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1974 Florida Blazers

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Florida Blazers Media GuideWorld Football League (1974)

Born: May 1974 – The Virginia Ambassadors relocate to Orlando.
Died: Postseason 1974 – The Blazers cease operations.

Stadium: The Tangerine Bowl

Team Colors:

Owner: David Williams, Rommie Loudd, Will Gieger, Howard Palmer, et al.

 

The 1974 Florida Blazers enjoy a something of a cult following among pro football history buffs.  Fearsome on the field, the franchise was a train wreck in the front office.  The Blazers were put together by Rommie Loudd, a 41-year old former AFL linebacker and New England Patriots executive.  Loudd is occasionally cited as the first African-American owner of a “major league” American sports franchise for his time with the Blazers, but the team’s main money man was a Central Florida Holiday Inn franchisee named David Williams.  By December 1974, the Blazers were in the “World Bowl” championship game, the team’s best player had played the entire season without a paycheck, and Rommie Loudd was in jail.

But let’s back up a bit.  The franchise originated in late 1973 as the “Washington Ambassadors”, part of the startup World Football League that would challenge the NFL starting in the summer of 1974.  Original owner Joseph Wheeler couldn’t secure a lease or put together financing in Washington, so the team became the “Virginia Ambassadors” in the spring of 1974.  But Wheeler couldn’t get things off the ground in Norfolk, VA either, so in May 1974 the team was sold to Loudd’s Orlando-based syndicate.  Less than 60 days remained before the WFL’s scheduled opening day on July 10th, 1974.  Head Coach Jack Pardee had already opened training camp in Virginia, but the team loaded onto a train and decamped for Orlando.

Pardee had a solid veteran squad on both sides of the ball.  Bob Davis, a former back-up to Joe Namath on the New York Jets, earned the starting quarterback job. Linebackers Larry Grantham, a perennial AFL All-Star with the Jets in the 1960’s, and Billy Hobbs anchored a stout defense.

Florida BlazersThe Blazers’ breakout find was diminutive rookie running back Tommy Reamon, a 23rd round draft pick from the University of Missouri. Reamon scored 14 touchdowns and led the WFL with 1,576 yards rushing in 1974. At the end of the season, he was named one of the league’s “Tri-MVPs”, along with Southern California Sun quarterback Tony Adams and Memphis Southmen tailback J.J. Jennings. Reamon split a $10,000 prize with his co-MVPs. Decades later, Reamon revealed that his $3,333 MVP share was the only payment he received for the entire 1974 season.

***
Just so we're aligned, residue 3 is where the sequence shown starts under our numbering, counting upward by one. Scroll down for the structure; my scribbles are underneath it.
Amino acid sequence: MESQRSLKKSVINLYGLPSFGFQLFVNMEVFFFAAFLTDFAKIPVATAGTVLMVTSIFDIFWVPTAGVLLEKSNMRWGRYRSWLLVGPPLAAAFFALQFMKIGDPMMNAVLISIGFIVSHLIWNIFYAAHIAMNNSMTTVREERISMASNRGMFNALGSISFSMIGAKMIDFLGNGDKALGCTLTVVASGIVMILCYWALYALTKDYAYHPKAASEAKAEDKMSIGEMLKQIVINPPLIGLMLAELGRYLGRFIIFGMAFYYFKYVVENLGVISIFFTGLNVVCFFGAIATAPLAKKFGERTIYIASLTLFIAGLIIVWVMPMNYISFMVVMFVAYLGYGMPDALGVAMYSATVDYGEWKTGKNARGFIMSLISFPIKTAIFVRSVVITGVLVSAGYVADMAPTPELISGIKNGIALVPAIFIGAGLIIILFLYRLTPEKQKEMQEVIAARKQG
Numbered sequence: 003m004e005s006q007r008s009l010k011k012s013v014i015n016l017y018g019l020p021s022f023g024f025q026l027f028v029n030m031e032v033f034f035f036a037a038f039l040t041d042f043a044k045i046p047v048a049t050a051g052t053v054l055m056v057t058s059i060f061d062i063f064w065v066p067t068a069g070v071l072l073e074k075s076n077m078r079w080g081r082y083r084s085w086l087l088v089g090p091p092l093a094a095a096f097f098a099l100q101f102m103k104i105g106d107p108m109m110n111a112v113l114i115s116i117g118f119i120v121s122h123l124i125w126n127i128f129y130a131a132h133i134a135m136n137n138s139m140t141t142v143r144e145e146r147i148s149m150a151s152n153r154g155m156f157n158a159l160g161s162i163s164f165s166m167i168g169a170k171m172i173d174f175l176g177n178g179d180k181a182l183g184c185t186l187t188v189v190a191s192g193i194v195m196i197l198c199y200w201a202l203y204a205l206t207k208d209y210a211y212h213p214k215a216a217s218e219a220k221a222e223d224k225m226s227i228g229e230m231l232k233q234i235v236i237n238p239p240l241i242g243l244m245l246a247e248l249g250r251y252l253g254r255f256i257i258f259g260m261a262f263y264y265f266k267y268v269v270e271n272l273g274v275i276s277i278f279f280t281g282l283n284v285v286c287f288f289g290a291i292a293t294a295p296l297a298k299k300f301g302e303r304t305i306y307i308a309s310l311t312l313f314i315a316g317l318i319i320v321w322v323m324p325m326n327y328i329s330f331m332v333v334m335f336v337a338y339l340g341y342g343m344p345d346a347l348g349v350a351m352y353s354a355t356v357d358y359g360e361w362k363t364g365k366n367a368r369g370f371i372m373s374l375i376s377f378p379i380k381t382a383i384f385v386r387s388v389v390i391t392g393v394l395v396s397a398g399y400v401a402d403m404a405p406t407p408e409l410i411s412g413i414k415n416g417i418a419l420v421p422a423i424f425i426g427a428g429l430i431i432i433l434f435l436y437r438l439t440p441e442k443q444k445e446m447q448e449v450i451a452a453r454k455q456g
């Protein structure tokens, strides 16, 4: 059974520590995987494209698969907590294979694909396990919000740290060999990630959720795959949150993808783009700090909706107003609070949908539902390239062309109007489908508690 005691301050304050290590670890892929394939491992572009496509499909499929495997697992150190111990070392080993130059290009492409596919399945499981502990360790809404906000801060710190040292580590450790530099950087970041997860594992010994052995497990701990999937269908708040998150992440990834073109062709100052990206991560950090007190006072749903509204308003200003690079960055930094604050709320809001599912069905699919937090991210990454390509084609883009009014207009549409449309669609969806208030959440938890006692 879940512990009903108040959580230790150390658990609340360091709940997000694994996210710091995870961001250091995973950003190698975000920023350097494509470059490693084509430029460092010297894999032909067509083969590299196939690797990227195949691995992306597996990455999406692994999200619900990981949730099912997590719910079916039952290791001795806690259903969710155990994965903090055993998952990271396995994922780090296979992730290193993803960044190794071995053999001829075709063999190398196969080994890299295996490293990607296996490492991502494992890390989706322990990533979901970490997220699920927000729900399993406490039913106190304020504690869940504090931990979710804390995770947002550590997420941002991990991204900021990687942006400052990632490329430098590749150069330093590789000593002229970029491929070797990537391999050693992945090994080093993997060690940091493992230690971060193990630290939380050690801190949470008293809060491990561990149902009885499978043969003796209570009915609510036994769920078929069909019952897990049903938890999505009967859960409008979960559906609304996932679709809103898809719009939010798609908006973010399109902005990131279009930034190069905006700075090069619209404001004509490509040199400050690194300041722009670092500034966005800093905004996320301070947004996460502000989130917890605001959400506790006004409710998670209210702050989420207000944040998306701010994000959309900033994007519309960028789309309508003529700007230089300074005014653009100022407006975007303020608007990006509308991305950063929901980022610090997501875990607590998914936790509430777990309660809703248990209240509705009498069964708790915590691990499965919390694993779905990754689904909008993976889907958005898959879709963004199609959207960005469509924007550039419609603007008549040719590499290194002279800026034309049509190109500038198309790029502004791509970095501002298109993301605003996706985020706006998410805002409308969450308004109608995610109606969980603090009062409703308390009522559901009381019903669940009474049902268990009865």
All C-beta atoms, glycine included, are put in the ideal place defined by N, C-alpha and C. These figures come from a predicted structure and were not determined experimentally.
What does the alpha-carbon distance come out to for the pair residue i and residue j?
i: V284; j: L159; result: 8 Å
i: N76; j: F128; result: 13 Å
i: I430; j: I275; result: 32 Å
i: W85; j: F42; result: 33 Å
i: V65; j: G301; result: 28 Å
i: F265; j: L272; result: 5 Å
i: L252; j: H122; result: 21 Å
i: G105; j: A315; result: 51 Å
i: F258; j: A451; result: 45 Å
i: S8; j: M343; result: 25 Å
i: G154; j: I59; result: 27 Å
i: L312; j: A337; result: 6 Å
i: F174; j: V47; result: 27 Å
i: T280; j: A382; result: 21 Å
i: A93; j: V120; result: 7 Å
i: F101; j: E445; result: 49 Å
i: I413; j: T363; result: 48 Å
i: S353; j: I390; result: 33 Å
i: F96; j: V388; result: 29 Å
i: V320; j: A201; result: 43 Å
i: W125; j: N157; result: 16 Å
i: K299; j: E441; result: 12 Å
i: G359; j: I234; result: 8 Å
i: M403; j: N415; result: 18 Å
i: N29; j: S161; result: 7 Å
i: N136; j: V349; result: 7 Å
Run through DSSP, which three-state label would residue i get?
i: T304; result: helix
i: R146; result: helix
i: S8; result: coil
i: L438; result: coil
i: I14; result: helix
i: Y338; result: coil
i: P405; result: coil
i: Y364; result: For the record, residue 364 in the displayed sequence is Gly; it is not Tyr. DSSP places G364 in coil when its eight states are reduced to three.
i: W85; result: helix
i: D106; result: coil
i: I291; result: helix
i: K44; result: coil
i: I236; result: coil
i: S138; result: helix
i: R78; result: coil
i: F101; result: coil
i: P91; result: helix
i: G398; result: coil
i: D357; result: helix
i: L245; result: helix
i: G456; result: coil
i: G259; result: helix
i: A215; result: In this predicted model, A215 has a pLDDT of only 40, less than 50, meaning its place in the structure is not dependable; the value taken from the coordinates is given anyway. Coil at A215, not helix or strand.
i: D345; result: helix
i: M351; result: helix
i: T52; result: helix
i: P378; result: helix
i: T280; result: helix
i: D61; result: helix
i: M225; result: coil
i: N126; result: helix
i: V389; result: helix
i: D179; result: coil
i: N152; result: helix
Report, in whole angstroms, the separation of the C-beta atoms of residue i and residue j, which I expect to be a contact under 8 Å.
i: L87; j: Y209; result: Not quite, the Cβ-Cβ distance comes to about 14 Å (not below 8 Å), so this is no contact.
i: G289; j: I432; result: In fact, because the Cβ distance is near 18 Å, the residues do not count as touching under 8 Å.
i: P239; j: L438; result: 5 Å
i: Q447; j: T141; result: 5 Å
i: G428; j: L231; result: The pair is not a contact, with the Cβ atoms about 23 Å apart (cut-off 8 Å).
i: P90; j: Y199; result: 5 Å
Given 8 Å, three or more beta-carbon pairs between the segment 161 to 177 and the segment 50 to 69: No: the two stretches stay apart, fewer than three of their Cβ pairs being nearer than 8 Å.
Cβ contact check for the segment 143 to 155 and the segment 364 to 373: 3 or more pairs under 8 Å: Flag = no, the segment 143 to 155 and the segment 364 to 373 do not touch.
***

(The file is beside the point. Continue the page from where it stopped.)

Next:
The rest of Reamon’s teammates faired somewhat better, receiving paychecks during the league’s first couple of months. But things went poorly for the Blazers immediately in Orlando. Crowds failed to materialize at the Tangerine Bowl, which barely met pro standards back in the mid 1970’s, with 14,000 permanent seats supplemented by temporary bleachers. By late August, just six weeks into the season, Rommie Loudd was talking publicly of a midseason move to Atlanta. The move never occured, but paychecks stopped arriving not long afterwards. Promises and rumors of new investors or payroll support from the league office never came through, but Pardee kept the team together through three months without pay.

The Blazers overcame a 15-0 deficit on the road to upset the Memphis Southmen, the league’s best regular season team at 17-3, in the playoff semi-final to earn a trip to the World Bowl I championship game. Trailing 22-0 in the second half to the Birmingham Americans at Legion Field in Alabama, the Blazers mounted a furious late rally, only to fall short 22-21. In the WFL, touchdowns counted for seven points and an eighth point (or “action point”) could be earned by scoring from the two-and-a-half yard line. The Blazers failed to convert all three Action Points in the title game, and that was the difference in the outcome. That and a controversial call on the Blazers’ opening possession. Television replays on the TVS Network appeared to show Tommy Reamon break the plane in the first quarter, but officials on the field ruled that Florida’s star rookie fumbled the ball through the end zone for a touchback. Reamon, who had a strong game overall with 83 yards on the ground and a touchdown, also failed to convert the decisive action point in the 4th quarter that would have tied the game at 22-22.

The Blazers’ franchise was revoked by the league a few days after the World Bowl loss due to financial insolvency. Within three weeks, Loudd was in jail on charges of embezzling sales taxes collected on Blazers’ ticket sales. A few months later, narcotics trafficking charges were added to Loudd’s legal woes. He was convicted in late 1975 and sentenced to two fourteen-year sentences. Loudd ultimately served three years before being paroled. Loudd later became a minister and passed away in 1998.